3b. “Full of the Holy Ghost,” of his gifts and graces; though they may not be so eminently endowed with them as Stephen and Philip were, which is not to be expected; yet that they should appear to be partakers of the grace of the Spirit, and to have such gifts as to “comfort the feeble minded, support the weak,” and speak a word in season to those who are in distress.

3c. Men of “wisdom;” for as they are stewards, wisdom, as well as faithfulness, is required of them; to give to everyone of the poor a portion of the church’s monies, as they need; and to distinguish eases and circumstances requires wisdom; besides, persons in such an office are sometimes called upon to make up differences between member and member; which is often a difficult task, and calls for all the prudence a man is possessed of; and to these, or such as these, the apostle refers, when he says, “Is it so, that there is not a wise man among you? no, not one, that shall be able to judge between his brethren,” without going to law before unbelievers (1 Cor. 6:5, 6).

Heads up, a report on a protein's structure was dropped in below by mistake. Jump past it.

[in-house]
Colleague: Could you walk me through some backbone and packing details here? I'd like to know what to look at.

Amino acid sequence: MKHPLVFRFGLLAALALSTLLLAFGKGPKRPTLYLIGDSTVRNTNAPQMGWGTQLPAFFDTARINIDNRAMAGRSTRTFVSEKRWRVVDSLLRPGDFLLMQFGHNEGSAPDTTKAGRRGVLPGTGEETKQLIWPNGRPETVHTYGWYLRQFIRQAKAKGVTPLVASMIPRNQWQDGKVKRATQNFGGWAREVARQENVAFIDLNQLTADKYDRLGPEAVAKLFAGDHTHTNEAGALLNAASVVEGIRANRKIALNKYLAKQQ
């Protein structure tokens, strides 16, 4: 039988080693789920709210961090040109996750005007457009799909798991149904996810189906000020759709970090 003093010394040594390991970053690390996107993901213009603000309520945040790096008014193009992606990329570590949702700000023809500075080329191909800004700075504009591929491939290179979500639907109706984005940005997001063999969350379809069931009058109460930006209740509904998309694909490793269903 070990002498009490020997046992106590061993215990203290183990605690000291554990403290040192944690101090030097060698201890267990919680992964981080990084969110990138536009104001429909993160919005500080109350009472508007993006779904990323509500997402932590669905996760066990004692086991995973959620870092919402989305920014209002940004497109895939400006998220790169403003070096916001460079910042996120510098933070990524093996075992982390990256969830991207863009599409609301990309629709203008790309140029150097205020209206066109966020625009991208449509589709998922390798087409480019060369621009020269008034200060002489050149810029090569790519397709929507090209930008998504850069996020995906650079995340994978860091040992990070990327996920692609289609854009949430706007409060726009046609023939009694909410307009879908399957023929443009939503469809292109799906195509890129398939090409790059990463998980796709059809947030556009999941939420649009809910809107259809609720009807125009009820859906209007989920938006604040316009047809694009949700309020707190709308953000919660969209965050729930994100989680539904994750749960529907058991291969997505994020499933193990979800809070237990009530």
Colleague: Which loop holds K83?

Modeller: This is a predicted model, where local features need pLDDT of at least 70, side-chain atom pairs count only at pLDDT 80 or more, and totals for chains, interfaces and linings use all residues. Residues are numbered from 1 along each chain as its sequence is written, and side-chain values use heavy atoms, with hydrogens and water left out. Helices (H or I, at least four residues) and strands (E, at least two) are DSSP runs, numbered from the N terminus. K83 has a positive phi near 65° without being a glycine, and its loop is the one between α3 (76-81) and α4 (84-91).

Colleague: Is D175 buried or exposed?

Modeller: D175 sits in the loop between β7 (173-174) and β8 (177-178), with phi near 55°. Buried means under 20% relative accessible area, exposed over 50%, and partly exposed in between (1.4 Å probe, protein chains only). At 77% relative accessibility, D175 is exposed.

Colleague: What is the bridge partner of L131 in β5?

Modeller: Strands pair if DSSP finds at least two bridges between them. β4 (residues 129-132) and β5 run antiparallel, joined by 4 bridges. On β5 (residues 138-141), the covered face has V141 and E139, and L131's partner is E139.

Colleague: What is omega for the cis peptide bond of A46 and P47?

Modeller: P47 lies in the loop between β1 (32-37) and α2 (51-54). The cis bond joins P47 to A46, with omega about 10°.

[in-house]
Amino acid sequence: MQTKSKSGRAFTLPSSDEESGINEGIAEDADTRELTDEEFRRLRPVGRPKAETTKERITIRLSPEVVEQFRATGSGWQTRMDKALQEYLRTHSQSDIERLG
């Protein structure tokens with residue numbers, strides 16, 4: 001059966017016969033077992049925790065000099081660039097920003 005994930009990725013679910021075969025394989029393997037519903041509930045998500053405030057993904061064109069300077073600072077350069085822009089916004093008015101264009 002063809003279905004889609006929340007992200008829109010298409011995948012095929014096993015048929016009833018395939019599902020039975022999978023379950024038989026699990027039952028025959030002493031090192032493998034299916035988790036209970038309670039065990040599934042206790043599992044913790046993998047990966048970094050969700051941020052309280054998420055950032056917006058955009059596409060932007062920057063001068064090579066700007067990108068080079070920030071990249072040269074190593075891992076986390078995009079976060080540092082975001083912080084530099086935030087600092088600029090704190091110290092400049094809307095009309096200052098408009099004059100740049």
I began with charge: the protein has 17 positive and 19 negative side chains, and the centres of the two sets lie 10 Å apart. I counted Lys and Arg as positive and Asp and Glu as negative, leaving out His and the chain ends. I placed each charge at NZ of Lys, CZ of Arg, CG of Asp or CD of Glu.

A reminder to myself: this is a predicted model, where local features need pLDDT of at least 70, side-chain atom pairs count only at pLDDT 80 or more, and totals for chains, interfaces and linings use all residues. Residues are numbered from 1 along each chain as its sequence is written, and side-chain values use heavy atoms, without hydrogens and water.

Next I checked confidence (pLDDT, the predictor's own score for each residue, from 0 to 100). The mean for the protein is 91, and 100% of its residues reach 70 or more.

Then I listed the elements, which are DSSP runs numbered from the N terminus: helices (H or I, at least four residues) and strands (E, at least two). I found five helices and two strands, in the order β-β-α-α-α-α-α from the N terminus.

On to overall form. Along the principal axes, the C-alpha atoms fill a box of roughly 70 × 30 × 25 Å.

There are other qualifications of a deacon observed in 1 Timothy 3:8-12.

3d. As to his personal character; he must be “grave” in his speech and gesture, and not light, frothy, and vain; and not only modest, chaste, honest, and of good behaviour, but as the word, may signify also one that has some weight and influence, who is venerable112112σεμνους. and respectable, and has some degree of reverence and esteem with the people: “Not double tongued;” so as to express pity to the poor, yet show no concern to relieve them; and to say one thing to them, and another to the church and minister; or to say one thing to one member, and another to another, which may tend to alienate the affections of one from another. “Not given to much wine;” which, though lawful to be used, yet not to excess; which would both destroy his character in the church and in the world, and render him unfit for the business of his office. “Not greedy of filthy lucre,” or covetous; such may be tempted to make a wrong application of the church’s money; and besides, persons in such an office should be liberal themselves, according to their abilities, and set a good example to others; or otherwise they cannot, with a good grace, stir up others to liberality; which is one part of their office.